In his book Nine Essential Things I’ve Learned About Life, Rabbi Harold S. Kushner (widely known for his bestseller, When Bad Things Happen to Good People) devotes a chapter to the proposition “God does not send the problem; he send us the means to deal with the problem.”
This brought to mind the kind of prayer we often fail to pay adequate attention to: prayer of acceptance.
Prayer of petition is the type of prayer with which we are most familiar. This sort of prayer takes the form of asking God for something. In times of illness, stress or loss, for instance, we ask God to intervene and change the situation.
This is, of course, a venerable type of prayer. It is found all through the Bible and the whole Christian tradition. We appeal to God to lend his almighty power to rectify difficult situations that we and those we love experience.
Yet often God does not seem to answer our prayers; and we can be left disappointed, with weakened faith, and with a nagging suspicion that prayers of petition generally don’t work.
(It is a truism that God always answers prayers in one way or another, and that he works in mysterious ways. But that is for another column.)
Traditionally, Christian faith has encouraged people to offer prayers of abandonment when their petitions don’t seem to work. This is a legitimate form of prayer, but it can leave people shrugging their shoulders – spiritually speaking – and expecting less from God.
I suggest that prayer of faithful acceptance, as Rabbi Kushner implies, needs to be recovered, especially in times of need. If, for instance, a family member or friend is dying, what kind of prayer is appropriate? Certainly, one may call out in prayer of petition for the recovery of the dying person.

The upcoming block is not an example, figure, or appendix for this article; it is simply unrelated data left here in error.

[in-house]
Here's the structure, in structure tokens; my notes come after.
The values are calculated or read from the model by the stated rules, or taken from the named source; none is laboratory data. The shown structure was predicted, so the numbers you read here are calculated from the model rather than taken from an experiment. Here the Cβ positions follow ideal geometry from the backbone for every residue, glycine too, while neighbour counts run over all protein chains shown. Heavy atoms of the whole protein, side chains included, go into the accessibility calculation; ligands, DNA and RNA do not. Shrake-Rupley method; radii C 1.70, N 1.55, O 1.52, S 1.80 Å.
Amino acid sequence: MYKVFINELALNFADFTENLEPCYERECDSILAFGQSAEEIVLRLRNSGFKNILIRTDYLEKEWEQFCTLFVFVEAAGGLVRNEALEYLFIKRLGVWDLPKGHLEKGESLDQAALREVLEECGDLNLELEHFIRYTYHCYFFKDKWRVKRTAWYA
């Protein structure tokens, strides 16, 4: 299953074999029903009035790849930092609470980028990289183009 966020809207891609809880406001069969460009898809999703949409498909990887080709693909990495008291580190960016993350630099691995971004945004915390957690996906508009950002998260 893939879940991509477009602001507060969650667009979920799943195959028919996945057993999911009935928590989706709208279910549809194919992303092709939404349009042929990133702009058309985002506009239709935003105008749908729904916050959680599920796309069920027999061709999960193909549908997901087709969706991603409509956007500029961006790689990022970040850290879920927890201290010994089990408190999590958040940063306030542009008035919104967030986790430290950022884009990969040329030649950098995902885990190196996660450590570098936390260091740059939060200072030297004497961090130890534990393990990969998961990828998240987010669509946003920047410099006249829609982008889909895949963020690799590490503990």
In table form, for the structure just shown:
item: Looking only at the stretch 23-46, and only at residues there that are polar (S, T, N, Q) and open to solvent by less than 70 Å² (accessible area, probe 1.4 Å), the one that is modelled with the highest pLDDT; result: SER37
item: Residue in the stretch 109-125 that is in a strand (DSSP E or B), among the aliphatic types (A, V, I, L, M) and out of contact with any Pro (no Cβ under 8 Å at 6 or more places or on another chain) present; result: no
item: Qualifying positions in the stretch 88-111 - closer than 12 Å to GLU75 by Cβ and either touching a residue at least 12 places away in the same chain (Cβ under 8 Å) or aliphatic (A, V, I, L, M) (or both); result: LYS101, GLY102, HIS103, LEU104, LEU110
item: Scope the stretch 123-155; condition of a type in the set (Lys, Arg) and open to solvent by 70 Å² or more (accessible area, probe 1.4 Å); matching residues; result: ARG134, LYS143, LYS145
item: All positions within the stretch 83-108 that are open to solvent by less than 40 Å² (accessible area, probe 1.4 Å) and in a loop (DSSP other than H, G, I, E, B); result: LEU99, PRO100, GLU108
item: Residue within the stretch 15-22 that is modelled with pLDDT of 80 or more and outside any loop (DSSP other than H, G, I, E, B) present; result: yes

But one can also have recourse to prayer of acceptance. In this kind of prayer, one accepts that the person may die – and that God sees the death of the loved one not finally as a tragedy, but full of joy. After all, God brings us through death to the glory of the resurrection.
We are inclined to think, for instance, that the sudden death of a young person is a tragedy. It is, from the human point of view. But from the divine viewpoint, the young person has entered into the joy of God’s providence. What glory the dead person now experiences!
Understandably, funerals have an air of sadness to them. But homilists and speakers at funerals often resort to sentimentality because that seems the only strategy available. Sometimes people lose faith; others resign themselves to a nagging sense of meaninglessness.
This is where prayer of acceptance comes in. We accept God’s wisdom and we recognize that God’s providence is beyond our purview, but that it is more real than any loss we feel. In the Christian viewpoint, there is no such thing as tragedy (Tragic plots in drama or literature do not, by nature, have a happy ending; the Christian story always does).
God does not always directly answer our prayers of petition; he gives us instead the ability to accept what is happening with the surety that glory lies beyond the most terrible human experiences.
To paraphrase Rabbi Kushner, God does not always intervene to resolve terrible experiences; rather, he gives the strength to live through them with profound faith in the indestructible glory of the kingdom of heaven.
Msgr. M. Francis Mannion is pastor emeritus of St. Vincent de Paul Parish.